May your road be rough be rough is not the only article written by the controversial atheist and secular humanist, Tai Solarin.
However, this article, published on January 1st, 1964 remains (without an iota of doubt), one of the best received and the most relevant across time and space.
Its relevance is so timeless that at this critical time in the history of Nigeria, it is apt to remember the wisdom of Tai Solarin and its classic and majestic timelessness.
The article has been broken down into shorter paragraphs to make it easy on the eyes – especially, when PC and mobile reading is factored.
It is important to understand that, when this article was originally published in 1964, the original author, Dr. Tai Solarin did not envisage the reality of accessing his content via mobile devices and the web 🙂
How time flies!
May Your Road Be Rough – Tai Solarin (1st January, 1964)
“I am not cursing you; I am wishing you what I wish myself every year. I therefore repeat, may you have a hard time this year, may there be plenty of troubles for you this year!
If you are not so sure what you should say back, why not just say, same to you? I ask for no more.
Our successes are conditioned by the amount of risk we are ready to take.
Earlier on today I visited a local farmer about three miles from where I live. He could not have been more than fifty-five, but he said he was already too old to farm vigorously.
He still suffered, he said, from the physical energy he displayed as a farmer in his younger days. Around his hut were two pepper bushes.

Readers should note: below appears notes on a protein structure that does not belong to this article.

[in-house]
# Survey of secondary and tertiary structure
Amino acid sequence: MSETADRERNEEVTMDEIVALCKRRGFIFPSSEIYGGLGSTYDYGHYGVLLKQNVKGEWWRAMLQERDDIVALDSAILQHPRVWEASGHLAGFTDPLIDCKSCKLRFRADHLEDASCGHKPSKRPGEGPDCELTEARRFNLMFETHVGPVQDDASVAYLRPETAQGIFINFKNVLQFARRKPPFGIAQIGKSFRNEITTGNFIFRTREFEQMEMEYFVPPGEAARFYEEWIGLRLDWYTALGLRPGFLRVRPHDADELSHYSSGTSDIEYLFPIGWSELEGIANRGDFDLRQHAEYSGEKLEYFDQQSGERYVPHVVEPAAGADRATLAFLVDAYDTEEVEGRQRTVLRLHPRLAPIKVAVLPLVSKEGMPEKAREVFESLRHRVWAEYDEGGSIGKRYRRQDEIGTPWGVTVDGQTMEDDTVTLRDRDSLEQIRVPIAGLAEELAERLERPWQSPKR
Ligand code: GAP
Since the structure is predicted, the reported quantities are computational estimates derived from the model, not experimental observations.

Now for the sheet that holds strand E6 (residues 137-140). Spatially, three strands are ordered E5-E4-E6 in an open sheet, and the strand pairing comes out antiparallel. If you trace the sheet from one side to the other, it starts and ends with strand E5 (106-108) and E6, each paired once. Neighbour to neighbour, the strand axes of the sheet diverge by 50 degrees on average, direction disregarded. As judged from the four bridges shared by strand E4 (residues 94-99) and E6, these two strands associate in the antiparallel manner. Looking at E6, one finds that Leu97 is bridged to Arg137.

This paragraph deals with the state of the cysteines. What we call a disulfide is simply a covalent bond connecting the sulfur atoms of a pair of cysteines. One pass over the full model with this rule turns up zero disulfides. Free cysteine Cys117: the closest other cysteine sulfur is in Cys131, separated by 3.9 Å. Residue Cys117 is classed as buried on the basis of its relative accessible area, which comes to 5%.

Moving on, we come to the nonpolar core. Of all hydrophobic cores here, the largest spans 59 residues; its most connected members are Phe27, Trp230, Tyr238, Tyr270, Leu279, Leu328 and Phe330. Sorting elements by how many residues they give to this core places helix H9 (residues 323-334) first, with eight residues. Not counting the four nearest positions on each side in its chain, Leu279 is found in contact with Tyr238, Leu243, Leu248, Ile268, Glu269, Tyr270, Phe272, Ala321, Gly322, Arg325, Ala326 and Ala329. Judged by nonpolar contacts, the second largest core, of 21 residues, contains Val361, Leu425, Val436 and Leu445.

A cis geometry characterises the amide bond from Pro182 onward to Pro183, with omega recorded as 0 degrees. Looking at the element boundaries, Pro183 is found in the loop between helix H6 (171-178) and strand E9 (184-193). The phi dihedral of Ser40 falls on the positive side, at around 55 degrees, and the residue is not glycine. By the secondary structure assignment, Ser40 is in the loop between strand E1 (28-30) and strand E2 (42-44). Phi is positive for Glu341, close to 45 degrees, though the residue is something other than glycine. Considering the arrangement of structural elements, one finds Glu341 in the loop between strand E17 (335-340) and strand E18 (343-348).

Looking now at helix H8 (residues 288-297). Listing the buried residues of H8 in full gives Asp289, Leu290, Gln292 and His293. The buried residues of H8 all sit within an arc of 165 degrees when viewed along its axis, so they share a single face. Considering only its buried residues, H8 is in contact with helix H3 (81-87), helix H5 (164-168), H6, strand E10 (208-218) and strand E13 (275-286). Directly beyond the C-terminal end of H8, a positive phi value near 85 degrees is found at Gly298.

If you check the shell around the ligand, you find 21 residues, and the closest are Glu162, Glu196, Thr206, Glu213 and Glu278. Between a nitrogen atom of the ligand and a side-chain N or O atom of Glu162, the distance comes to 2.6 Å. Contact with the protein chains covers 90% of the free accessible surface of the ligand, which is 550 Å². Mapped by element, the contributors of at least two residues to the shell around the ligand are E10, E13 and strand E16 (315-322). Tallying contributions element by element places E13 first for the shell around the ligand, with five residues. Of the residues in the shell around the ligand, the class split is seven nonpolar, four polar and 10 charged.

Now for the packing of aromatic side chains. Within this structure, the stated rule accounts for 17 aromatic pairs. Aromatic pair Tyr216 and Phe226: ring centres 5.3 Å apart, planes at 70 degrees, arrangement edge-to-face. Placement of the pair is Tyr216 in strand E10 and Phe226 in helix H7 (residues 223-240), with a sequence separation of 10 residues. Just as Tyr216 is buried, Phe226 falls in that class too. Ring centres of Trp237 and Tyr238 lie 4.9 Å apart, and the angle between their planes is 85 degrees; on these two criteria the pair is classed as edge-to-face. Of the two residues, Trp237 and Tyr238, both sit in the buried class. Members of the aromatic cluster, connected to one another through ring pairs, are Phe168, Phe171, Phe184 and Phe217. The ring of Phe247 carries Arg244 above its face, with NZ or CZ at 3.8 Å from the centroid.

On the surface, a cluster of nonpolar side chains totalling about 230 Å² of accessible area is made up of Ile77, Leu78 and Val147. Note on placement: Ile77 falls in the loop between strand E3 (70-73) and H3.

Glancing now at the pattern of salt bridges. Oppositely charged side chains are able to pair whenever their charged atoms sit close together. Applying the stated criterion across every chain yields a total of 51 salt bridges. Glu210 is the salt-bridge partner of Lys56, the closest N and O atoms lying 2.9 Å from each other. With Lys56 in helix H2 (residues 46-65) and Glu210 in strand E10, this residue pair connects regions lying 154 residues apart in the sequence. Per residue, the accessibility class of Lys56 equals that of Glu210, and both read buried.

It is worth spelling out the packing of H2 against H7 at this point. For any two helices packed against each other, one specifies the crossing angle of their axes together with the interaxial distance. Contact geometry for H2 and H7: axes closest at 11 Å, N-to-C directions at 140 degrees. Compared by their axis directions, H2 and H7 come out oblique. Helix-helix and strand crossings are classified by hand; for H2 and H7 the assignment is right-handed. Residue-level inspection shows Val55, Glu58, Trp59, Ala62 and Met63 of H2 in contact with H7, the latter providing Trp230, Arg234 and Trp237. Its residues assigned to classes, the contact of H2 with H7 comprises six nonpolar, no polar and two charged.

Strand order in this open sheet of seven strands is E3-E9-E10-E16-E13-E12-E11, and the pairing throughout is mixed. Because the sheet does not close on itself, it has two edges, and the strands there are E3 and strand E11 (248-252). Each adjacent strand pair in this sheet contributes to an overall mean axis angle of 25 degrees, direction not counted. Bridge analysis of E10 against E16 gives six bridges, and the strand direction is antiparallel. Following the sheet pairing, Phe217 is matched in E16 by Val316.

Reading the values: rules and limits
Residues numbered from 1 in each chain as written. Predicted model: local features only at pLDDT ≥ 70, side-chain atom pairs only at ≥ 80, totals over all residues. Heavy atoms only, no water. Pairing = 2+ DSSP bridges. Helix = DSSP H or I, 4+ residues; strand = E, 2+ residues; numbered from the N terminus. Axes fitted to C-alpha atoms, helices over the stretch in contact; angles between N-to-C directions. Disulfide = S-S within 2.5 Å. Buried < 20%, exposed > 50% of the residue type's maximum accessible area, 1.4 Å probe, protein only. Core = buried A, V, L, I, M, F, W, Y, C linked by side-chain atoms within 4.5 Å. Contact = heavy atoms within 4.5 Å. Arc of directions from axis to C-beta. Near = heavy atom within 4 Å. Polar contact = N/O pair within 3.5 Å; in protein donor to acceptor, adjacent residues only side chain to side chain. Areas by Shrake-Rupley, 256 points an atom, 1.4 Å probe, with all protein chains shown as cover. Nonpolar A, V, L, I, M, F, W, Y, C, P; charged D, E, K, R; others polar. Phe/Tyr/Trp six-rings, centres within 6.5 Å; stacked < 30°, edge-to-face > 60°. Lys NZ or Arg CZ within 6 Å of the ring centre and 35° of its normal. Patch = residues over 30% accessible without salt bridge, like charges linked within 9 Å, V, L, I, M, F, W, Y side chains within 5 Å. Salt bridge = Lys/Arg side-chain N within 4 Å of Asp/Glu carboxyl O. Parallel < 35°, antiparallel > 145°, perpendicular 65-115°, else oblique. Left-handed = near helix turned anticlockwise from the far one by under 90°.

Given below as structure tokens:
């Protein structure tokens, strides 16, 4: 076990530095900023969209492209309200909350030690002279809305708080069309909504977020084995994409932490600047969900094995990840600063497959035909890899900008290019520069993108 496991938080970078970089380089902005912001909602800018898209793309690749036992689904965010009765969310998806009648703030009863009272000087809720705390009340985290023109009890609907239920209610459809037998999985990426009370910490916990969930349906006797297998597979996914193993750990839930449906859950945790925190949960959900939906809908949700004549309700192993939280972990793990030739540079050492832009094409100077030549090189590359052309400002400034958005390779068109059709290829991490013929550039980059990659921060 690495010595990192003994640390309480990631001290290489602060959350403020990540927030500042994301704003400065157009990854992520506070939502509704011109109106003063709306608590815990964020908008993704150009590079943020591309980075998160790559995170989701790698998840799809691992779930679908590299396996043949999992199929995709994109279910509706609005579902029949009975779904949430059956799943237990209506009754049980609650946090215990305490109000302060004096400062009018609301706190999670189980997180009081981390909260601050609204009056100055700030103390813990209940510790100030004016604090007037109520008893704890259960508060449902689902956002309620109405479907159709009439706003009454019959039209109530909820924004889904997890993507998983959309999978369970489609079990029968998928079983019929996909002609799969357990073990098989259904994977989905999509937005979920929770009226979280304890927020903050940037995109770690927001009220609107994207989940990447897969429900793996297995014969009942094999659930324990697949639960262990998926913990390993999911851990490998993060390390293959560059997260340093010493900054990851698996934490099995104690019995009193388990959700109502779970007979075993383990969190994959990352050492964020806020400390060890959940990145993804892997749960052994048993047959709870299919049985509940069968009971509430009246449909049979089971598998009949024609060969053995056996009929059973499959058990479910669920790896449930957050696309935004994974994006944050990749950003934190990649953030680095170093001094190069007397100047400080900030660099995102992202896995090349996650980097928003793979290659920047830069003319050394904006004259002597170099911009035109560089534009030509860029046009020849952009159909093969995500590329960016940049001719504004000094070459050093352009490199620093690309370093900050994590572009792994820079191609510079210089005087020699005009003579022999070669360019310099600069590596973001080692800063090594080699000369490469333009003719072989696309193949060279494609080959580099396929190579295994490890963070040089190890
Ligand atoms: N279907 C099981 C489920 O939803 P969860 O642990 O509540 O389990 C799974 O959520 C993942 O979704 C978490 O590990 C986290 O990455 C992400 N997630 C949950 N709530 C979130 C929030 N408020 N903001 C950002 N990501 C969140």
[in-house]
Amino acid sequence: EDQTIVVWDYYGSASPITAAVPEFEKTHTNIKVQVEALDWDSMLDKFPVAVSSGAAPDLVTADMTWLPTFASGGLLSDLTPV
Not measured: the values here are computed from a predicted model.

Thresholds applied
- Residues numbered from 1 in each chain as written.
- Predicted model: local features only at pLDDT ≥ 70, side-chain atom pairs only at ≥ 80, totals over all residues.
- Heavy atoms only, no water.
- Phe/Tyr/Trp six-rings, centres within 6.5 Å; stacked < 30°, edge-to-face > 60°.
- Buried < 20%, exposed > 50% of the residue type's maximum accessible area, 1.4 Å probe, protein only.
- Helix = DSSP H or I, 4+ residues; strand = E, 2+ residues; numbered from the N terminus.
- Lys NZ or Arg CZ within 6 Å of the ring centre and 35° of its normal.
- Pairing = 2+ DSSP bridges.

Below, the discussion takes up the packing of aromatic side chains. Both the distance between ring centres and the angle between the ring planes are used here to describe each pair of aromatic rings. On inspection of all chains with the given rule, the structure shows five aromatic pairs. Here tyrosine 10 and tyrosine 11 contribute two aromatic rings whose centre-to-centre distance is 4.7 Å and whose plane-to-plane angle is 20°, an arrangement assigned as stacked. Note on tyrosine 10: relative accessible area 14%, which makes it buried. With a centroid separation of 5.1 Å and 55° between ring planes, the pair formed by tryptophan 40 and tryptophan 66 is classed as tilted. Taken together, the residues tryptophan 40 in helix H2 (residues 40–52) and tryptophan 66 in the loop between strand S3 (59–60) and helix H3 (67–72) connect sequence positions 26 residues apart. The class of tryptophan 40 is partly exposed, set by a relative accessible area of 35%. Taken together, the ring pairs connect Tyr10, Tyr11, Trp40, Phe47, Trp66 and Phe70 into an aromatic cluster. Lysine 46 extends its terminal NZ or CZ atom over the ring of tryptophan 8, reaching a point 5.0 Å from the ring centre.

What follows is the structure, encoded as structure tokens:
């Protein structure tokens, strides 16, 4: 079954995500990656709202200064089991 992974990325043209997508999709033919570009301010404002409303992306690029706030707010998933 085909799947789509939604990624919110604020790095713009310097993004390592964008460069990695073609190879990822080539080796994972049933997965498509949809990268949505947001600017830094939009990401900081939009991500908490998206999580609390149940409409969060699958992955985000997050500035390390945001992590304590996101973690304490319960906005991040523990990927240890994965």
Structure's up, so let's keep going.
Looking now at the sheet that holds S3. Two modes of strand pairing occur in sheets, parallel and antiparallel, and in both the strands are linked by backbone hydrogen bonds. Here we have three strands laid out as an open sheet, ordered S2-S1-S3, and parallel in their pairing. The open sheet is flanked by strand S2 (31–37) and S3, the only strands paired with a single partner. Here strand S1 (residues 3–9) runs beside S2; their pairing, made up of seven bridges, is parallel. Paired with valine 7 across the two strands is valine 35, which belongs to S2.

There were cocoyams growing round him. There were snail shells which had given him meat. There must have been more around the banana trees I saw.
He hardly ever went to town to buy things. He was self-sufficient.
The car or the bus; the television or the telephone; the newspaper, Vietnam or Red China were nothing to him. He had no ambitions whatsoever, he told me.
I am not sure if you are already envious of him, but were we all to revert to such a life, we would be practically driven back to cave dwelling.
On the other hand, try to put yourself into the position of the Russian or the America astronaut. Any moment now the count, 3, 2, 1, is going to go, and you are going to be shot into the atmosphere and soon you will be whirling round our earth at the speed of six miles per second.
If you get so fired into the atmosphere and you forget what to do to ensure return to earth, one of the things that might happen to you is that you could become forever satellite, going round the earth until you die of starvation and even then your body would continue the gyration!
When, therefore, you are being dressed up and padded to be shot into the sky, you know only too well that you are going on the roughest road man had ever trodden.
The Americans and Russians who have gone were armed with the great belief that they would come back. But I cannot believe that they did not have some slight foreboding on the contingency of their non-return. It is their courage for going in spite of these apprehensions that makes the world hail them so loudly today.
The big fish is never caught in shallow waters.
You have to go into the open sea for it. The biggest businessmen make decisions with lighting speed and carry them out with equal celerity. They do not dare delay or dally.
Time would pass them by if they did. The biggest successes are preceded by the greatest of heart-burnings.
You should read the stories of the bomber pilots of World War II. The Russian pilot, the German pilot, the American or the British pilot suffered exactly the same physical and mental tension the night before a raid on enemy territory. There were no alternative routes for those who most genuinely believed in victory for their side.
You cannot make omelets without breaking eggs, throughout the world; there is no gain without pain.